CME : Your SA Journal of CPD - Volume 28, Issue 11, 2010
Volume 28, Issue 11, 2010
Source: CME : Your SA Journal of CPD 28 (2010)More Less
We are drawing to the end of 2010 and, from the perspective of medicine, there has been a lot happening. One of the biggest debates this year is the issue of the proposed National Health Insurance (NHI) system in South Africa. It was originally intended to be rolled out as fast as possible with implementation within the next couple of years. However, sense has prevailed and it appears that this is not likely to become a reality until around 2014 - or at least that is what we now hear.
Author Eugenio PanieriSource: CME : Your SA Journal of CPD 28 (2010)More Less
This edition of CME focusing on benign breast disease is long overdue - breast symptoms are common, and when the dreaded carcinoma is excluded, all too often patients are left to fend for themselves, with little guidance about the management of the actual underlying concern or pathology.
Author Jenny EdgeSource: CME : Your SA Journal of CPD 28, pp 500 –503 (2010)More Less
Author Shas CacalaSource: CME : Your SA Journal of CPD 28, pp 508 –513 (2010)More Less
During pregnancy and lactation the breast can be affected by a variety of specific and unique disorders. In addition to mastitis, lactational abscesses and other benign conditions unique to pregnancy and lactation, any breast problem seen in the non-pregnant woman may present during pregnancy or lactation. In this article some of the commoner and interesting problems are reviewed.
Author Ryno VersterSource: CME : Your SA Journal of CPD 28, pp 513 –514 (2010)More Less
A history and clinical examination in conjunction with radiology will resolve many breast problems. Some patients require a further procedure to evaluate their problem. Many such procedures can be performed in the consulting room under local anaesthesia, but some may require general anaesthesia in an operating theatre. Most of the procedures can be performed by non-specialist medical practitioners, with good results.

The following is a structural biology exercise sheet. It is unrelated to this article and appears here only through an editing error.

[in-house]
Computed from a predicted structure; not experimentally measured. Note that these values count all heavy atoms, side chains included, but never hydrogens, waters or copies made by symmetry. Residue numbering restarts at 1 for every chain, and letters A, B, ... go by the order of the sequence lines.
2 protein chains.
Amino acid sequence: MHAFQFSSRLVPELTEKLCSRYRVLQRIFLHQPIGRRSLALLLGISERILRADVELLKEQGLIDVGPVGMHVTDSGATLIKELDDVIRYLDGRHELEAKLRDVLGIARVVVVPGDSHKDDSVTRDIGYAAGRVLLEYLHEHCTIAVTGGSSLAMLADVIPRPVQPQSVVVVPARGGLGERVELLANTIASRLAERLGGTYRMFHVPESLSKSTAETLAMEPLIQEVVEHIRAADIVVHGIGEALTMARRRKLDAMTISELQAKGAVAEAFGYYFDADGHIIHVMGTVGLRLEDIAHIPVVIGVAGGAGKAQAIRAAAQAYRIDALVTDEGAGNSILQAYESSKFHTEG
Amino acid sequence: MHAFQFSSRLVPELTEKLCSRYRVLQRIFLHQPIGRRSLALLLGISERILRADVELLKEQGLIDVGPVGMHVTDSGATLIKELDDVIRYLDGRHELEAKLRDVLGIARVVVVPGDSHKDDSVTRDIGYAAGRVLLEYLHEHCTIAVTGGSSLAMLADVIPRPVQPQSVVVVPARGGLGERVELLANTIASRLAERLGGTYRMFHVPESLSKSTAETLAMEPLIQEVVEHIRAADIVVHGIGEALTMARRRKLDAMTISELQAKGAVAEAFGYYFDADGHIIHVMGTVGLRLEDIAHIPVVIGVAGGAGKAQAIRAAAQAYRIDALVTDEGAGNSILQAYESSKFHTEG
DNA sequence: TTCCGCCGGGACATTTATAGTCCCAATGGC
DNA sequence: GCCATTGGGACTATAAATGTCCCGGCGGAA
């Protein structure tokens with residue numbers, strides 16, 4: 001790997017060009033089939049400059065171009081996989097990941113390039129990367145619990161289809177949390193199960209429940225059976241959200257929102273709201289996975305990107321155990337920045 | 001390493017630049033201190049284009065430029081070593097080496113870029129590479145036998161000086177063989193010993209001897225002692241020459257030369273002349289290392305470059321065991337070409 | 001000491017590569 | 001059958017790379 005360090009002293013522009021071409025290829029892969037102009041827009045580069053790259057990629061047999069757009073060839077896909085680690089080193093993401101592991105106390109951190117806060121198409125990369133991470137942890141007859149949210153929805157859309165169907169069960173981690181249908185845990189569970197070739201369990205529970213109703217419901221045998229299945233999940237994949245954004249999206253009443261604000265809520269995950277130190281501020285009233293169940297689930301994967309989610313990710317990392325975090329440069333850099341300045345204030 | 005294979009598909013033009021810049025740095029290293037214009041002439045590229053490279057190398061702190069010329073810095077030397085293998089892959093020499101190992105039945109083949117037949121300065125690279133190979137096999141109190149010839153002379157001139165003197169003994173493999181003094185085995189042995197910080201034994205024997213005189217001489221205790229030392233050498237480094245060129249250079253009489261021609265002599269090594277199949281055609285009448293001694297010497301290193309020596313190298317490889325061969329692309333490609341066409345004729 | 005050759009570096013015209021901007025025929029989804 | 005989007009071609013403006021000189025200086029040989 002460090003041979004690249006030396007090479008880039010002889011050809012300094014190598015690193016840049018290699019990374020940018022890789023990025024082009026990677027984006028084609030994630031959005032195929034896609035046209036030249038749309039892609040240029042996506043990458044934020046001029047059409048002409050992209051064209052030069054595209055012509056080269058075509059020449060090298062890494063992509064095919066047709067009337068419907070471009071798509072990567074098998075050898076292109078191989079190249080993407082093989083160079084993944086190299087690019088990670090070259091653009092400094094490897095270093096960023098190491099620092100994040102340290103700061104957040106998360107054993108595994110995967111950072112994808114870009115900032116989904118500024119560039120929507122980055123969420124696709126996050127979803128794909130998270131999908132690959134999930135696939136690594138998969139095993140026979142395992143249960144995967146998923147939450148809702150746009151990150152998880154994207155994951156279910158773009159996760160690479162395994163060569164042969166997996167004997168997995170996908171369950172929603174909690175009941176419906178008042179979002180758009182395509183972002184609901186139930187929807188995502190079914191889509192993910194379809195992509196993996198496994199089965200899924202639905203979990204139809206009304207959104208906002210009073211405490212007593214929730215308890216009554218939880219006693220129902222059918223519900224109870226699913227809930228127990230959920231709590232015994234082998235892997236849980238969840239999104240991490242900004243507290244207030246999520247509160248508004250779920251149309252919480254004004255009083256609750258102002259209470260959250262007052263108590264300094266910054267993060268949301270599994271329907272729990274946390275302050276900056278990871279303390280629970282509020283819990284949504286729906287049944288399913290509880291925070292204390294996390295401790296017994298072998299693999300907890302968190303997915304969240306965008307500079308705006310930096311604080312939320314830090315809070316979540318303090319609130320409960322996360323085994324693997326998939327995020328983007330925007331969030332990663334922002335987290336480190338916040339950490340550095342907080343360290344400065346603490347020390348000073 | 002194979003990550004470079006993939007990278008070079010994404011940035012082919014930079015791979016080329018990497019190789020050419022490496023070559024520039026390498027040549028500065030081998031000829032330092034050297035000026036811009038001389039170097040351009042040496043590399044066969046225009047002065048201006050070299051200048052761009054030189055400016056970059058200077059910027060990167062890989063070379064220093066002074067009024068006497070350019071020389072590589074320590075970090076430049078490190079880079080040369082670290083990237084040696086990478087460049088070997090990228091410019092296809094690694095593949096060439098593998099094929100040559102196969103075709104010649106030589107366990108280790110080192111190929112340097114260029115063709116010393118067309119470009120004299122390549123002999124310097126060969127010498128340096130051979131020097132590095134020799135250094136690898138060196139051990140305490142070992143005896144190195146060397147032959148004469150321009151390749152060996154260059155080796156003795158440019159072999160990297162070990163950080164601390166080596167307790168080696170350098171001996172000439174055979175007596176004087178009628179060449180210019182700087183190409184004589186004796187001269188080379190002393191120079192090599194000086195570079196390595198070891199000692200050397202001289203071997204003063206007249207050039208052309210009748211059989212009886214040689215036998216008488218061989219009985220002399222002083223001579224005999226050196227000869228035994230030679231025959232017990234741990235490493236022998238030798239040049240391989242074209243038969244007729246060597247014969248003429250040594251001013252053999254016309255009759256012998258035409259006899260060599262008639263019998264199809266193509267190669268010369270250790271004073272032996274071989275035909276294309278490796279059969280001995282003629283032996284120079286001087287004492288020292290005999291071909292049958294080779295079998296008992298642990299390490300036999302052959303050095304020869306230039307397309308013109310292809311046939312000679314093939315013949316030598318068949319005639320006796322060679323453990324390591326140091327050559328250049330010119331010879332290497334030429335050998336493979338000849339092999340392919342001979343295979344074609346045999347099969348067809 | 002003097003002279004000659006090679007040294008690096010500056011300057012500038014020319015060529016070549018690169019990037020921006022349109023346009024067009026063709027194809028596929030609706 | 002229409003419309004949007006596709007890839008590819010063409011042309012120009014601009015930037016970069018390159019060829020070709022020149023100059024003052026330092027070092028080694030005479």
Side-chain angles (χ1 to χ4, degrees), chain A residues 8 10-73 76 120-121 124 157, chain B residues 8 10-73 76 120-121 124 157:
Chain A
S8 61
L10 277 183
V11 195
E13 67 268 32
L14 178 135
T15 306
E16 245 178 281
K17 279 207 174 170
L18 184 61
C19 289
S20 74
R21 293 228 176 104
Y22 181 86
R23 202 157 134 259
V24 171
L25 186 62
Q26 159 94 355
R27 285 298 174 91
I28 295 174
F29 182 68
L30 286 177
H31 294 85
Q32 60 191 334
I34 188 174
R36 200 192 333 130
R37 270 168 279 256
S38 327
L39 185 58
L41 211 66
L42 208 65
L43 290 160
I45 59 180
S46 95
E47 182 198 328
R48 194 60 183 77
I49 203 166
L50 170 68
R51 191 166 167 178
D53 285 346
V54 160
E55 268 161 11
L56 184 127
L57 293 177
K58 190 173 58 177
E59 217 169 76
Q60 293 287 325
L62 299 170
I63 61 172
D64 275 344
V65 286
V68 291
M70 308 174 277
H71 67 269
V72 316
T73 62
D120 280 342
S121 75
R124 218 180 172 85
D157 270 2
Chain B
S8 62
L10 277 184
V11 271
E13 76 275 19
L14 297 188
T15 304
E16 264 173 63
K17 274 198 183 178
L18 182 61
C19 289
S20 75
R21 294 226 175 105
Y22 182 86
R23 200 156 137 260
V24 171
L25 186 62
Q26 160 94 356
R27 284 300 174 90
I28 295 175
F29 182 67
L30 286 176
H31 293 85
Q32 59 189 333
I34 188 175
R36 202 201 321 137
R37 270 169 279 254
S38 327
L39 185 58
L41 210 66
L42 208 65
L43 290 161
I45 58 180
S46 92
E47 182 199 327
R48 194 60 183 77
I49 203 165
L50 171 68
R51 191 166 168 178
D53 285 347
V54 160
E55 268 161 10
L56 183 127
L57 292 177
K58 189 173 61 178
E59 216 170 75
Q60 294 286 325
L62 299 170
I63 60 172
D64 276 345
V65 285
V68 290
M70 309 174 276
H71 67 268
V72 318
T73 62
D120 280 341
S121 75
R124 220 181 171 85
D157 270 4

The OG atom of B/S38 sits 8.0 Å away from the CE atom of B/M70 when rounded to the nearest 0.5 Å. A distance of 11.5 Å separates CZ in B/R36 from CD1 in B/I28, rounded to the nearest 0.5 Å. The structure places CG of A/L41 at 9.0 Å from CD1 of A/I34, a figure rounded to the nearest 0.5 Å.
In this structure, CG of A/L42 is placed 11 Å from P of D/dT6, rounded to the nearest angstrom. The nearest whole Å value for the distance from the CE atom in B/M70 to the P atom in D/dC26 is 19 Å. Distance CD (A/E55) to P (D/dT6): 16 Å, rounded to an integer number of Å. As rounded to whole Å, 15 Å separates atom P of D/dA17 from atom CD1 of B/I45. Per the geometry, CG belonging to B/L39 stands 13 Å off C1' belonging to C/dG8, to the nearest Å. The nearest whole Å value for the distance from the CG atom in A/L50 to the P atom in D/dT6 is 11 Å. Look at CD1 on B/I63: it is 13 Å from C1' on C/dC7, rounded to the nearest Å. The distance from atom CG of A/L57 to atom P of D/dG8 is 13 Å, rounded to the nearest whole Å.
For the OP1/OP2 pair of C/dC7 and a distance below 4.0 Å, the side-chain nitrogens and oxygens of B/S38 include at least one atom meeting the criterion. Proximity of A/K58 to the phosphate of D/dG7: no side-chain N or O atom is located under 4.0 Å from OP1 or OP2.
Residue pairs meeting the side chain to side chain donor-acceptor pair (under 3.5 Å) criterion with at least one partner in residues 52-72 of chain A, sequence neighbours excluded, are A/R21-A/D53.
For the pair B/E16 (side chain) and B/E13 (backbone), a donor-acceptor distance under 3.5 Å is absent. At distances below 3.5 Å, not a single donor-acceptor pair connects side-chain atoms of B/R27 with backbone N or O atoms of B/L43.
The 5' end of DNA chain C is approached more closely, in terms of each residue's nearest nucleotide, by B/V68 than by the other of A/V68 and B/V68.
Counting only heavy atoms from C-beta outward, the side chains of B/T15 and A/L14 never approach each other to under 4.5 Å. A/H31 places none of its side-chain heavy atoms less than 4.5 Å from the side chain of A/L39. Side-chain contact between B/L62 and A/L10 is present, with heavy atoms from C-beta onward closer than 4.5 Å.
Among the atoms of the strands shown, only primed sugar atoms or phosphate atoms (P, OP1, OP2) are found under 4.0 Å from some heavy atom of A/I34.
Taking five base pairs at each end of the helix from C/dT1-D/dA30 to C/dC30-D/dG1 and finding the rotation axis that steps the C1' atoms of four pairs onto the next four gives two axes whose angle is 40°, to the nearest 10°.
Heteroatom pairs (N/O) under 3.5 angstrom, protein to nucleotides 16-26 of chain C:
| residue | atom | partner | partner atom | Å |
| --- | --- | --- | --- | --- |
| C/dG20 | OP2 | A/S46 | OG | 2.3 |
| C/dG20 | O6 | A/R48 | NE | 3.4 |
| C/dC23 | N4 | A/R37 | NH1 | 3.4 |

Author Ines BuccimazzaSource: CME : Your SA Journal of CPD 28, pp 515 –518 (2010)More Less
Patient complaints of breast lumps or lumpiness are common, ranging from 40% to 70% in women seeking advice. A breast lump, either self detected, screen detected or clinician detected, raises the fear of breast cancer in any woman, irrespective of age. Fortunately, the vast majority of breast lumps are benign, but this does not negate the need for evaluation of any palpable breast lesion. Failure to diagnose breast cancer accounts for the most frequent and expensive claims brought against physicians.
Public education about breast cancer has heightened awareness regarding breast health, and it is anticipated that an increasing number of women will present for the evaluation of breast masses.
Author Anne GudgeonSource: CME : Your SA Journal of CPD 28 (2010)More Less
A nipple discharge is only significant if it is spontaneous. Most women who have been pregnant can elicit a discharge if the nipple is constantly squeezed. Some women do this as part of their breast self-examination and should be discouraged from doing so.
Investigation of a nipple discharge includes a good history, breast examination and investigations.
Author Keith AlcornSource: CME : Your SA Journal of CPD 28 (2010)More Less